SADJ : journal of the South African Dental Association = tydskrif van die Suid-Afrikaanse Tandheelkundige Vereniging

Properties of a new mouthrinse for patients receiving radiation therapy.

PMID 21180287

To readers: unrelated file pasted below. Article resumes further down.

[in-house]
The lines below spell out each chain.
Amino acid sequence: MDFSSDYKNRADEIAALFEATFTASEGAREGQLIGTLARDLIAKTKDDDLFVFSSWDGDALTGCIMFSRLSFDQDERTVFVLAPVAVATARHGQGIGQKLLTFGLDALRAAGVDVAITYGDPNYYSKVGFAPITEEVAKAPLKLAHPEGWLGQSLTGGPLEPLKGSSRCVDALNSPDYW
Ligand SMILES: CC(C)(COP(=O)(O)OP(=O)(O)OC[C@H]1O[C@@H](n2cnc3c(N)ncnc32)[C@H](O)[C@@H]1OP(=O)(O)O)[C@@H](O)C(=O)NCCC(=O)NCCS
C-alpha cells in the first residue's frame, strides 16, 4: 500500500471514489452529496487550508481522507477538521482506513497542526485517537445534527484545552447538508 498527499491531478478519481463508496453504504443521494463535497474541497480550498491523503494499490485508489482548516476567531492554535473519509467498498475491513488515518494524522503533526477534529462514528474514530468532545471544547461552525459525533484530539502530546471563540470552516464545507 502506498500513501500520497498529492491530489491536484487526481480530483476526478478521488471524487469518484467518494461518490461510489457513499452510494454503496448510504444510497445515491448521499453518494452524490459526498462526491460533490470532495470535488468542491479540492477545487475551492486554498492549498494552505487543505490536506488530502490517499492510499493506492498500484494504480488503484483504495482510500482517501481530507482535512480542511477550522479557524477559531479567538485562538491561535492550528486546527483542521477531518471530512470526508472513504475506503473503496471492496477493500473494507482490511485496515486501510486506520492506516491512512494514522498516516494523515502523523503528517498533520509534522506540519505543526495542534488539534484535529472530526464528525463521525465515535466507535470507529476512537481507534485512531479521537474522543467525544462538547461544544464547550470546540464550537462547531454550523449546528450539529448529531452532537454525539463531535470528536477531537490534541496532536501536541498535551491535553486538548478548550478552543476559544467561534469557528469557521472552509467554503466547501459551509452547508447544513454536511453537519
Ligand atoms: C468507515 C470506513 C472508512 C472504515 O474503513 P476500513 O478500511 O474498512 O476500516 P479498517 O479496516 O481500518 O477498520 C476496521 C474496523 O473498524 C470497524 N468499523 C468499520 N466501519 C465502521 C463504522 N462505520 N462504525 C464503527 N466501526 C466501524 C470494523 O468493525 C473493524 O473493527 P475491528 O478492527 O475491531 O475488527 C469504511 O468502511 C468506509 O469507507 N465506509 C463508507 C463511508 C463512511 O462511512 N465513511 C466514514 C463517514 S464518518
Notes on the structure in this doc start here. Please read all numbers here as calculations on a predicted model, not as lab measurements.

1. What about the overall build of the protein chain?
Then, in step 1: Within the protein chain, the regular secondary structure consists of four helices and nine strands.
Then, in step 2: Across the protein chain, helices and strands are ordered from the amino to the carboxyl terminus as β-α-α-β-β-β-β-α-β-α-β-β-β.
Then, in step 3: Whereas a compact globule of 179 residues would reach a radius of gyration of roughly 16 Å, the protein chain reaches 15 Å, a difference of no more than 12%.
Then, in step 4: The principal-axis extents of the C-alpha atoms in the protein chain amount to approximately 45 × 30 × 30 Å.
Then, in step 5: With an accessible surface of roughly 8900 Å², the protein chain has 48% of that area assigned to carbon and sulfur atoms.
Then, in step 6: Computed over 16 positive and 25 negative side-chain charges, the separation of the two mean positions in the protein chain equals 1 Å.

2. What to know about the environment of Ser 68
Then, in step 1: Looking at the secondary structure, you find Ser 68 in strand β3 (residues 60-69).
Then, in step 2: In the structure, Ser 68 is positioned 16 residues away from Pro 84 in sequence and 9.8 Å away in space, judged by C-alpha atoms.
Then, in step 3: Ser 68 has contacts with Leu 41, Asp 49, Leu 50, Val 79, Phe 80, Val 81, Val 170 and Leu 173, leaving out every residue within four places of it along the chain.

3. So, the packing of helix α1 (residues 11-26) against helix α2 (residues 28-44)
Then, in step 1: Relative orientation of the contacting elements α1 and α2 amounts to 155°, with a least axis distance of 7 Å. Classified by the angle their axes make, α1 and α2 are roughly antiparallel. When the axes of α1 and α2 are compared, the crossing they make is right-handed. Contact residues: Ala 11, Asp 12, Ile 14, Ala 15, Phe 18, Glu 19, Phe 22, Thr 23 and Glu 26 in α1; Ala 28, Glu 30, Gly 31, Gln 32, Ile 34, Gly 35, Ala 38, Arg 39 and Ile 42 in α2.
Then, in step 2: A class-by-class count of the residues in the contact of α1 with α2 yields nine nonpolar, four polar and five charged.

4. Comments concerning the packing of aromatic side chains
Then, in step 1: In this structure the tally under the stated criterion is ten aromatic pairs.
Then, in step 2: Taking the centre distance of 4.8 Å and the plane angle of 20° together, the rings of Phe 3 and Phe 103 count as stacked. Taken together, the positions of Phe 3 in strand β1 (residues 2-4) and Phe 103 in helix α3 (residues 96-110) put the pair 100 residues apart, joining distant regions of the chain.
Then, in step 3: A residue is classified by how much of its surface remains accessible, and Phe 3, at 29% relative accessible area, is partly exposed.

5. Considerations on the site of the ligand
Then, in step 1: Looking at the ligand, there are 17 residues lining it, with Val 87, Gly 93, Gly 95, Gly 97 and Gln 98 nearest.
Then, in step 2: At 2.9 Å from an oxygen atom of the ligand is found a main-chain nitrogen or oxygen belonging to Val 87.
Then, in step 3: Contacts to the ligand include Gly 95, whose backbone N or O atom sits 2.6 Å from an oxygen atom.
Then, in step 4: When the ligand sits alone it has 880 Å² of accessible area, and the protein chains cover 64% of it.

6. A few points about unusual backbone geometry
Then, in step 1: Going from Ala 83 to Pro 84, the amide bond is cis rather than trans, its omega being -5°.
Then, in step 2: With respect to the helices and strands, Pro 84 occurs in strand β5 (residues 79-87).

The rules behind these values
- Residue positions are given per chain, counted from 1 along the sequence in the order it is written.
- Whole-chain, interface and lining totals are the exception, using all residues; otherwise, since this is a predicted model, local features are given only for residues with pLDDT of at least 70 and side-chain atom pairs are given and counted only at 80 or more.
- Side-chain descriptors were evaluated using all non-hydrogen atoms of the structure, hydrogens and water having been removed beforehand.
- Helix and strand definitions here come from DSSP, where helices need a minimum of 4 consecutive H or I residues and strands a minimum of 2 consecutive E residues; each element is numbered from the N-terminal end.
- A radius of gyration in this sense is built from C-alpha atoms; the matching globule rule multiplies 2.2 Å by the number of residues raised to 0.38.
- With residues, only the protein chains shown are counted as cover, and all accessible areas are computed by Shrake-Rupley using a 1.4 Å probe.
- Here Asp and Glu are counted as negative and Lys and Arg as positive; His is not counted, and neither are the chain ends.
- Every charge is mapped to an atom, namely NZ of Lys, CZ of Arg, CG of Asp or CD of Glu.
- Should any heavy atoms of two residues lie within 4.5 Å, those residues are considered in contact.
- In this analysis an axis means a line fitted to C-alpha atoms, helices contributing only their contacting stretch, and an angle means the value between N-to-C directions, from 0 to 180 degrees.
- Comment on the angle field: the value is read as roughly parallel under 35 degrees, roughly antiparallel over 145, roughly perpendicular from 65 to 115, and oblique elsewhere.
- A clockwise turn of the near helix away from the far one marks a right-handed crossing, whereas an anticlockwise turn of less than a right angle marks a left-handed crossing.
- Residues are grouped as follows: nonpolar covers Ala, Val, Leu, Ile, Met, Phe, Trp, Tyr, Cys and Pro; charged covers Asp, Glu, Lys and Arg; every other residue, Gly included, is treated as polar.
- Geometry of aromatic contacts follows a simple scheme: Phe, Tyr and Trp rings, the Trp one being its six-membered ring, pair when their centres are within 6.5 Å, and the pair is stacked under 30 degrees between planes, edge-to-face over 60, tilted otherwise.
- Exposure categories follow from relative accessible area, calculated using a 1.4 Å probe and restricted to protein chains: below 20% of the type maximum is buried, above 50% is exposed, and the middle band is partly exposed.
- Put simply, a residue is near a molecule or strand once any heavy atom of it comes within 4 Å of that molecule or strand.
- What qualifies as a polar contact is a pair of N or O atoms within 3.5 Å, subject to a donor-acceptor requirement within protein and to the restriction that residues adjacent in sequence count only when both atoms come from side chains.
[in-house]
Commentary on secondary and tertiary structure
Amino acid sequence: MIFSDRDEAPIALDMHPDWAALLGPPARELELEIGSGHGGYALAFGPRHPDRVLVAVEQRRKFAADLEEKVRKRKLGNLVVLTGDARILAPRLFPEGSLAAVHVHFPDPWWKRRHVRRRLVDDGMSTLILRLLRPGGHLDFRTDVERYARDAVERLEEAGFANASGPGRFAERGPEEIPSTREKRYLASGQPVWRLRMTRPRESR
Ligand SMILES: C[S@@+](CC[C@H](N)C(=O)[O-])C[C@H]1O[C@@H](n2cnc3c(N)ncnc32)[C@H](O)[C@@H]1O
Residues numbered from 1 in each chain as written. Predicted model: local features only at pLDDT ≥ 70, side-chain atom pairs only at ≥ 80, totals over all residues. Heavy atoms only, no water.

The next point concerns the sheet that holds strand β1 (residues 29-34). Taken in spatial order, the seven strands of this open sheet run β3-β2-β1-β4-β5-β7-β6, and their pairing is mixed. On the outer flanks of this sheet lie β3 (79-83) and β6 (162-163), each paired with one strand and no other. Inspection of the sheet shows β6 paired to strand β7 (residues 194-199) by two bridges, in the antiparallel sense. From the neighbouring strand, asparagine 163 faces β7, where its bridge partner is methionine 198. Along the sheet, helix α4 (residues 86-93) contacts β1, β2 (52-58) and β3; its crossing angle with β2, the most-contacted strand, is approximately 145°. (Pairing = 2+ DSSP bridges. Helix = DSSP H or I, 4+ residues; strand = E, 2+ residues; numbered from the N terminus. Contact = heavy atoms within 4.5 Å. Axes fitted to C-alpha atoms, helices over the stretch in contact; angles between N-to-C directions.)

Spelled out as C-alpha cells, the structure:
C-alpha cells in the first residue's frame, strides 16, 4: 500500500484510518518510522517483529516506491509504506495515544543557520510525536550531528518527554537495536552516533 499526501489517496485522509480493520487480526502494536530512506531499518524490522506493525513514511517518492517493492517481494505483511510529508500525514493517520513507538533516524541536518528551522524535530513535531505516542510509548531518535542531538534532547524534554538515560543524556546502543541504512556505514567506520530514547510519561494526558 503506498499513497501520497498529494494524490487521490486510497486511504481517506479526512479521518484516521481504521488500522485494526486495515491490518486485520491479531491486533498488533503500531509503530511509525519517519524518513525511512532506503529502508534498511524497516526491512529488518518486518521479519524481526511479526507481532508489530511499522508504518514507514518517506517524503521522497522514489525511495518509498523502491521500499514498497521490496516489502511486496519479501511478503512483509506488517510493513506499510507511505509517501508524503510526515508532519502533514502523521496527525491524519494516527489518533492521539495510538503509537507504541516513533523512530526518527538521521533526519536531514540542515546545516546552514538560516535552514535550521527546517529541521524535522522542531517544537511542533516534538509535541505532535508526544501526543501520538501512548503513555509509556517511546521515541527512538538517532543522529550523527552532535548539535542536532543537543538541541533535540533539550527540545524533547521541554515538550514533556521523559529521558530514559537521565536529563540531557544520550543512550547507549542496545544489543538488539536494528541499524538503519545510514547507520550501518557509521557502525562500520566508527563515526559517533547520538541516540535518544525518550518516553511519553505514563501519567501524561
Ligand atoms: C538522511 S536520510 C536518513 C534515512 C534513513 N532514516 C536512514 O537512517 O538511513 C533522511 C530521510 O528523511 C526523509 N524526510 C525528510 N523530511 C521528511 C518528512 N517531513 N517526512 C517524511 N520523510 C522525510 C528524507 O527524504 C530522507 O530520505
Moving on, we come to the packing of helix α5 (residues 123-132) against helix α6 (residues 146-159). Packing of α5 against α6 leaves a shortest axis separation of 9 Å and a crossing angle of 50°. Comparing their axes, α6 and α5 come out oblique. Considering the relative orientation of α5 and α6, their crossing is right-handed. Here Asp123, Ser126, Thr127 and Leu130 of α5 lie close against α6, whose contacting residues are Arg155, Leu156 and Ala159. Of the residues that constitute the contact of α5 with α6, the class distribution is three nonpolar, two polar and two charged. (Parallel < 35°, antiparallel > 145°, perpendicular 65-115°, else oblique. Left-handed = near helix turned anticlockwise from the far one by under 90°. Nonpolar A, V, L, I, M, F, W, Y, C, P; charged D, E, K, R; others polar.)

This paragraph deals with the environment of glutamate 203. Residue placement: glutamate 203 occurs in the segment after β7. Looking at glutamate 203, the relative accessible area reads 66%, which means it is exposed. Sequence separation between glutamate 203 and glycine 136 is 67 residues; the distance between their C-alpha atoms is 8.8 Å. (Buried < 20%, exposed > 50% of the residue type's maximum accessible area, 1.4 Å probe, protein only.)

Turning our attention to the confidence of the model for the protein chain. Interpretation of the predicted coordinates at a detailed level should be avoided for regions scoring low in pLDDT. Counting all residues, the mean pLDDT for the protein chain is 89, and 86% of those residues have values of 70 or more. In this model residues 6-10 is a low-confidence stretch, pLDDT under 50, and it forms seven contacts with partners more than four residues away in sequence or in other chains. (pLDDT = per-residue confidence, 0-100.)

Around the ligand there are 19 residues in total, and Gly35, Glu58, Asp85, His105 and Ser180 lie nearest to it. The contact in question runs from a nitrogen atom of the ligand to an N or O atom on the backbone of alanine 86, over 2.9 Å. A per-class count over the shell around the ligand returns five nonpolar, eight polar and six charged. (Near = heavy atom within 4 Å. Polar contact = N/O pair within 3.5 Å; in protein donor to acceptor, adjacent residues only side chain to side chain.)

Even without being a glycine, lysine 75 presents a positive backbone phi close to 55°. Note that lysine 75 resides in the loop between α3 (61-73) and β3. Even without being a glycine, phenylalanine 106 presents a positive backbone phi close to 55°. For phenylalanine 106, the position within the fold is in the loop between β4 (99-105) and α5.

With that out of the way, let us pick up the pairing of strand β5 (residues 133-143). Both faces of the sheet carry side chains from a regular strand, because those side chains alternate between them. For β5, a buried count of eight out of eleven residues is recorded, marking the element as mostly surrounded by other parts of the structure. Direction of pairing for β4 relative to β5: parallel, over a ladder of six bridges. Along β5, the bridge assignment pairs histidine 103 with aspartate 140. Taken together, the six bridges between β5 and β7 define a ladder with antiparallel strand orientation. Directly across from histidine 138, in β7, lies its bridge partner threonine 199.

Patients receiving radiation therapy due to oral cancer develop complications such as hyposalivation, mucositis, oral infections, dental hypersensitivity and caries. Mouthrinses can alleviate some of these problems. To investigate the in vitro antimicrobial properties and cytotoxicity of an experimental mouthrinse. The mouthrinse contained 30% hexylene glycol (glycerine), 7% potassium nitrate and 0.025% sodium fluoride. The minimal inhibitory concentration (MIC) of these ingredients and the mixture was determined for C. albicans, S. aureus and S. mutans over 24 hours at different concentrations. The MICs of two commercial mouthrinses, Corsodyl and Plax, were also determined using the same organisms. All mouthrinses were then tested to determine the percentage kill over 1, 2, and 3 minutes. The MICs for hexylene glycol were 10%, 30% and 10% for C. albicans, S. aureus and S. mutons respectively. Potassium nitrate and sodium fluoride had no antimicrobial effects. The MIC of Corsodyl was 0.016 mg/ml for all the test organisms. The MIC for Plax varied from 0.0002 mg/ml to 0.001 mg/ml. The kill rates for all mouthrinses were acceptable, with no statistical differences between them. The experimental mouthrinse was not toxic to human oesophageal SCC cells after 1 minute exposure. At the time of the experiment, the costs of a similar quantity of the experimental mouthrinse, Corsodyl and Plax were R5.24, R30.00 and R10.00 respectively. The experimental mouthrinse was cost-effective and proved to have an antimicrobial effect and could be used safely to alleviate oral infections, desensitize teeth, improve oral hygiene and control dental caries in cancer patients after radiation therapy.